In an unusual but not unprecedented move, New York City Landmarks Preservation Commission granted permission Nov. 24 for a construction project that will literally jack up the 1913 vintage theatre at 1563 Broadway by 29 feet in order to accommodate a new lobby, new dressing rooms, elevators, restrooms — plus retail space fronting on Seventh Avenue on the northeast corner of Times Square, where the current lobby is now, according to The Wall Street Journal.
A new lobby entrance will be built on the 47th Street side of the building, topped by a 75-foot marquee. The theatre's interior is landmarked and will be preserved as is. The effort, part of a $2 billion redevelopment project, is spearheaded by Maefield Development.
It will not be the first time a Broadway theatre was moved from its original site. The old Eltinge Theatre (a.k.a. the Empire Theatre) was shifted 170 feet west in 1998 as part of the renaissance of 42nd Street, and is now the AMC Empire 25 cineplex.
Tony Mazzo, who supervised that project, reportedly told the commissioners Nov. 24 that because the Palace Theatre has no interior columns for the most part, it is "extra strong." He was quoted as saying that while the project is complicated, there won't be a problem "as long as the building doesn’t know it’s moving," according to a report on the architectural website New York Yimby.
Though the 1913 original theatre was encased in the Doubletree Hotel when it was built in the 1990s, the two buildings remain separate, which will facilitate the construction. The theatre is owned by the Nederlander Organization. A request for comment was not immediately returned. Nick Scandalios, executive vice president of Nederlander Producing Company of America, was quoted by Yimby as saying the theatre is a "very special jewel."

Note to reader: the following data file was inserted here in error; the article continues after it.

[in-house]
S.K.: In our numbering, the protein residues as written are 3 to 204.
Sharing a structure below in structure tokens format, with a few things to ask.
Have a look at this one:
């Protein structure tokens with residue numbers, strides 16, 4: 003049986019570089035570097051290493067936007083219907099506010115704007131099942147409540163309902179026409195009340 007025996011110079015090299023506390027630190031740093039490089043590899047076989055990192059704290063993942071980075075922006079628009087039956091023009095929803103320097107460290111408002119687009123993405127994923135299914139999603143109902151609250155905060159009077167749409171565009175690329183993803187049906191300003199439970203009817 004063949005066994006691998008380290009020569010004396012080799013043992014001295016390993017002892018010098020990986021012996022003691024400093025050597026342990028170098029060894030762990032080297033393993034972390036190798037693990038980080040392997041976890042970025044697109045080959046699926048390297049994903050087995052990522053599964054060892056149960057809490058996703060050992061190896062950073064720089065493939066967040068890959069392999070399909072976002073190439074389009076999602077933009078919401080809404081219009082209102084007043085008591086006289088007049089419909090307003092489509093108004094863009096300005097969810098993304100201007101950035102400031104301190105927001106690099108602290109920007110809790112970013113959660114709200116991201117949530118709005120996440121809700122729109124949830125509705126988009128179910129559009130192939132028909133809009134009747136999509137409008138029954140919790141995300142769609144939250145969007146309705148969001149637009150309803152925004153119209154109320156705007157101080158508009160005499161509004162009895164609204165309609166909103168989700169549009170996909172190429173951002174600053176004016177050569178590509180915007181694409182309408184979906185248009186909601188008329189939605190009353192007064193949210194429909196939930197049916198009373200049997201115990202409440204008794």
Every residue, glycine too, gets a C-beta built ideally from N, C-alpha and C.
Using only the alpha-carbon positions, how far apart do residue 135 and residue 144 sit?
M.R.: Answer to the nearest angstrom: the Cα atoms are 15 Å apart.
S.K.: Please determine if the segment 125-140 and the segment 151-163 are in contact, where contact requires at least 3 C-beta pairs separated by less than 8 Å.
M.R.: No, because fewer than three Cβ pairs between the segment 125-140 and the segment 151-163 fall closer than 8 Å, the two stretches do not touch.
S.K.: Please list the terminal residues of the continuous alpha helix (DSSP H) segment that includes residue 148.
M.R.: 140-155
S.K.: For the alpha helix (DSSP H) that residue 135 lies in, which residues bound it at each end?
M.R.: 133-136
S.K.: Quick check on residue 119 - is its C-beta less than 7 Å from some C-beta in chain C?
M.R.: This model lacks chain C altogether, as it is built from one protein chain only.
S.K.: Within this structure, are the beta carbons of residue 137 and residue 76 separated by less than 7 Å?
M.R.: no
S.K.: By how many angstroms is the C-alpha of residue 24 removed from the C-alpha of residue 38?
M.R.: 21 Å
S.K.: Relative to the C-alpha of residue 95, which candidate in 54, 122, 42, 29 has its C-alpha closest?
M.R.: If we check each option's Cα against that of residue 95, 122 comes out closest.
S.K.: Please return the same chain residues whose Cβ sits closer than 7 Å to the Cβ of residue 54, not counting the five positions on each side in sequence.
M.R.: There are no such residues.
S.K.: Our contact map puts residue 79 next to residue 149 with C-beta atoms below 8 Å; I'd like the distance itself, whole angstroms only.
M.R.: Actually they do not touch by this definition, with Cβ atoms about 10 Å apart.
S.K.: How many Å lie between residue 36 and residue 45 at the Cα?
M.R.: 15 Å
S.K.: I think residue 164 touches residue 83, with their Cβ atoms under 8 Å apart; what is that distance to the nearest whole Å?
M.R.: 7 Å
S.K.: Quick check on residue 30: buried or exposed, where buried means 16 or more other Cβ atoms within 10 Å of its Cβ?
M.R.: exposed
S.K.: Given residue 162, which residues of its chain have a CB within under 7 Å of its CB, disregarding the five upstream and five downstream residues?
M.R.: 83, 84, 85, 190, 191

The Palace Theatre is currently home to An American in Paris. There was no word on a timetable for the construction or how it would affect the show.
Built by impresario Martin Beck and designed by Kirchoff & Rose, the Palace stage in its heyday accommodated the likes of The Marx Brothers, Fanny Brice, Bert Williams, Nora Bayes, Ethel Barrymore, and Weber & Fields.
After five decades as a vaudeville mecca, the renovated Palace reopened in 1966 as a Broadway theatre with the original Sweet Charity. Over the years it has housed such musicals as Applause, Aida, Beauty and the Beast, Legally Blonde, The Will Rogers Follies, La Cage aux Folles, Woman of the Year, George M! and several classic Judy Garland concerts.